Centigrade and Celsius are similar temperature scales, but the Celsius scale is slightly more accurate. Both scales use water's boiling point as a benchmark at 100 degrees, but they use different measures to determine zero degrees.
Anders Celsius, a professor in Sweden, created his temperature scale in 1741, but his version listed the boiling point of water as zero degrees and the freezing point as 100 degrees. After he died, the scale was switched to its current form and called the centigrade scale. Because of Celsius' role in inventing the scale, people referred to it as Celsius' scale, which can cause confusion.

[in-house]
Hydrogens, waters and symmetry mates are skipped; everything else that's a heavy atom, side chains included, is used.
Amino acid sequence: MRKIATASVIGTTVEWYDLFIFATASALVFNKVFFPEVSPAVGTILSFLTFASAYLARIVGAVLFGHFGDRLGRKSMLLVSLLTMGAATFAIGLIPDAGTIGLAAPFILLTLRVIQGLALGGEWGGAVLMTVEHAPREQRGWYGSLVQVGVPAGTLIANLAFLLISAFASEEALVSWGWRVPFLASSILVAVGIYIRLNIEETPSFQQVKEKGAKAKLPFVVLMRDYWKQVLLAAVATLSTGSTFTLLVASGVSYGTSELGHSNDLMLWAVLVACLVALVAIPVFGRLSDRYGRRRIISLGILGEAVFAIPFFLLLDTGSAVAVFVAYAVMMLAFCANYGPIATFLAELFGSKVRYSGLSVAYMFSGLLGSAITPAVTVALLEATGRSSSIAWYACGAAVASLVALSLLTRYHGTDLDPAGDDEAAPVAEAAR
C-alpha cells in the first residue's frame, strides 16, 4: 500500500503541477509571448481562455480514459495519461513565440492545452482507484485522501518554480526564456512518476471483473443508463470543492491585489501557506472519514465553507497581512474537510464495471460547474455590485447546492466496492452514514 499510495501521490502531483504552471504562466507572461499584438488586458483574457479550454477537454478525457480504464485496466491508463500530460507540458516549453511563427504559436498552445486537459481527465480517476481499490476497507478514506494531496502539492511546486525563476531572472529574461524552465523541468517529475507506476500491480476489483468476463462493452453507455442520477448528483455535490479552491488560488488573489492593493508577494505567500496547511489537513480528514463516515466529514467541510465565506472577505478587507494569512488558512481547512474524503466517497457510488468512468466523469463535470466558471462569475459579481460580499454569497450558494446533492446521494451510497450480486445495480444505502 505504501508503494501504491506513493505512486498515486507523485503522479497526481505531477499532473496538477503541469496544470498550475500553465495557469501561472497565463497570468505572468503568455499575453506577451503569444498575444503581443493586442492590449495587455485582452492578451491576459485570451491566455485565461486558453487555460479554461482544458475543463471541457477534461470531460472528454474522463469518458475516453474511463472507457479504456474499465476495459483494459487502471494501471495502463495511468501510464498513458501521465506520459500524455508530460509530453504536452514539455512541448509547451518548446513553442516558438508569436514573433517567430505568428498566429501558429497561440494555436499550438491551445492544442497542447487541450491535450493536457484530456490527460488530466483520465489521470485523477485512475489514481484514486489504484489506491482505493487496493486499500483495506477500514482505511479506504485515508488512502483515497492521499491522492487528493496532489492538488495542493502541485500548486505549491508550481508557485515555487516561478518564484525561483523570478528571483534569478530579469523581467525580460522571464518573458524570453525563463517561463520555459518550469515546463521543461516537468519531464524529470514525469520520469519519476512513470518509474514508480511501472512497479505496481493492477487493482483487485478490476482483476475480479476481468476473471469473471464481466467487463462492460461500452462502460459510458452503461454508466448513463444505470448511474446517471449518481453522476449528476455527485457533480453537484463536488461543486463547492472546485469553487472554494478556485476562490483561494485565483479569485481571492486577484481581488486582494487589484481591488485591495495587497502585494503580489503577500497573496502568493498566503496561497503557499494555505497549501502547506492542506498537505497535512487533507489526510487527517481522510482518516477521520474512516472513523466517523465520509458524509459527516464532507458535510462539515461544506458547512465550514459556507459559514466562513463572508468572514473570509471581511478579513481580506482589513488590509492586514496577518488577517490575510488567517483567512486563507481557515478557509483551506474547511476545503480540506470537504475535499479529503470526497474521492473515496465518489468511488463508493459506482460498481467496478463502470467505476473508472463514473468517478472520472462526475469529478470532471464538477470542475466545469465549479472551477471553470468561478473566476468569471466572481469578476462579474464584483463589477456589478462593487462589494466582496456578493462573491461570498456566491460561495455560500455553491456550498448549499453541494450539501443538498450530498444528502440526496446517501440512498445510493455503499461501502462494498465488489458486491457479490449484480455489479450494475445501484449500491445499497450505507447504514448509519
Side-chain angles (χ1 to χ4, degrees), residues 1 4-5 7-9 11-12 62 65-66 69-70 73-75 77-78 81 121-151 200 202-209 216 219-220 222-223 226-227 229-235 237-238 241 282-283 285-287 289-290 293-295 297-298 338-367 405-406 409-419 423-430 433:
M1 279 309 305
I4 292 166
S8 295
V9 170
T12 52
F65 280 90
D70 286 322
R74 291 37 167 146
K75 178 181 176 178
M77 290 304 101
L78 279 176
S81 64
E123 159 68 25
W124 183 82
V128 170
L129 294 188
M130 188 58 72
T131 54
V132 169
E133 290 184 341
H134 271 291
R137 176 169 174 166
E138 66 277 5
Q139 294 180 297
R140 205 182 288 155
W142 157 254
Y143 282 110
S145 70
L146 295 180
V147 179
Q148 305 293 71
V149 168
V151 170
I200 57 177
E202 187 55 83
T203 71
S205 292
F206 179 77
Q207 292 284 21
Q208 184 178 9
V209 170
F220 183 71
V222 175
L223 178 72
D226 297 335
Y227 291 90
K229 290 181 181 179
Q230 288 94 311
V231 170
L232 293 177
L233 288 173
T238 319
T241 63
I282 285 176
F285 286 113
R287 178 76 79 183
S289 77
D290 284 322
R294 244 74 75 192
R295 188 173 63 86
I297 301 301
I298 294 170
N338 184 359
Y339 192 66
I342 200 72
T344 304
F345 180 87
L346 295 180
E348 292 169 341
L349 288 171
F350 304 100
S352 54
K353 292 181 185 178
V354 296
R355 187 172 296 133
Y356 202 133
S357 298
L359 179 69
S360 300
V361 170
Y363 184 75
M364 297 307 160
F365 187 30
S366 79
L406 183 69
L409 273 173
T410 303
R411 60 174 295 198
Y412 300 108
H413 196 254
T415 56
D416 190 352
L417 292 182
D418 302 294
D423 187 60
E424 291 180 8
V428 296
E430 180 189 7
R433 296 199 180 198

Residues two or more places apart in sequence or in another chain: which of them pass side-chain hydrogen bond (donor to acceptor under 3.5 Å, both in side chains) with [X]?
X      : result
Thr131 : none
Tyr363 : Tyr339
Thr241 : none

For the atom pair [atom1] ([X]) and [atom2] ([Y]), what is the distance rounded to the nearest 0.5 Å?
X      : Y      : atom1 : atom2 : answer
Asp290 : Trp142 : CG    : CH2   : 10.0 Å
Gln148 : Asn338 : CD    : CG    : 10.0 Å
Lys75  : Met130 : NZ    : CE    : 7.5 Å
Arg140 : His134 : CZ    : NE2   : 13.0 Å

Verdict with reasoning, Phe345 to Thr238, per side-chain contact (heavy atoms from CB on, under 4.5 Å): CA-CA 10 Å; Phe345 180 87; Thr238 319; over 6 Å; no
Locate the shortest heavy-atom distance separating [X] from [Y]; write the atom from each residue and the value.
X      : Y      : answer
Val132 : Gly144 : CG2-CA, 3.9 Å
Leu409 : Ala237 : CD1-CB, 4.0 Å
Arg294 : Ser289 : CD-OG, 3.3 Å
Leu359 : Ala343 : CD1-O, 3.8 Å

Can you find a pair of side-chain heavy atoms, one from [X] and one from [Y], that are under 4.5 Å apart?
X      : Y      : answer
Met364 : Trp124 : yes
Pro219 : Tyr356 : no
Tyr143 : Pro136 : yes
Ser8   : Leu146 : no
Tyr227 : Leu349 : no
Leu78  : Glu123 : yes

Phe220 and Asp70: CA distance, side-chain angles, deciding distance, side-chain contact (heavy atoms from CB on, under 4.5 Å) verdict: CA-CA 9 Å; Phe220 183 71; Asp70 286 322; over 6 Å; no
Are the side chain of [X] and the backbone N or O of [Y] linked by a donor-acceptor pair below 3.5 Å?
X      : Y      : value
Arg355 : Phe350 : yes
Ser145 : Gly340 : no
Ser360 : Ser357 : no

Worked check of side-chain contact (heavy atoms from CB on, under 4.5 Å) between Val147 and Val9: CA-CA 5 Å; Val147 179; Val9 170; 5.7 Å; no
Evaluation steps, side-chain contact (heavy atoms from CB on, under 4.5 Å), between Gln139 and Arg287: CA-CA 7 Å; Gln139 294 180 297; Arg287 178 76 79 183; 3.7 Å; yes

There were problems with this scale. The most important was that it was based on a value that could not be determined accurately enough for a measure as important as temperature. In the 1950s, the General Conference of Weights and Measures set out to standardize several units of measure, including temperature. It was decided that the scale should be based around the triple point of water. The triple point of water is when it exists as a liquid, solid and gas at the same time. This can be measured more accurately than the freezing point, so the scale was refined to fit it. Because of this redefinition, it was given a new name, the "Celsius temperature scale."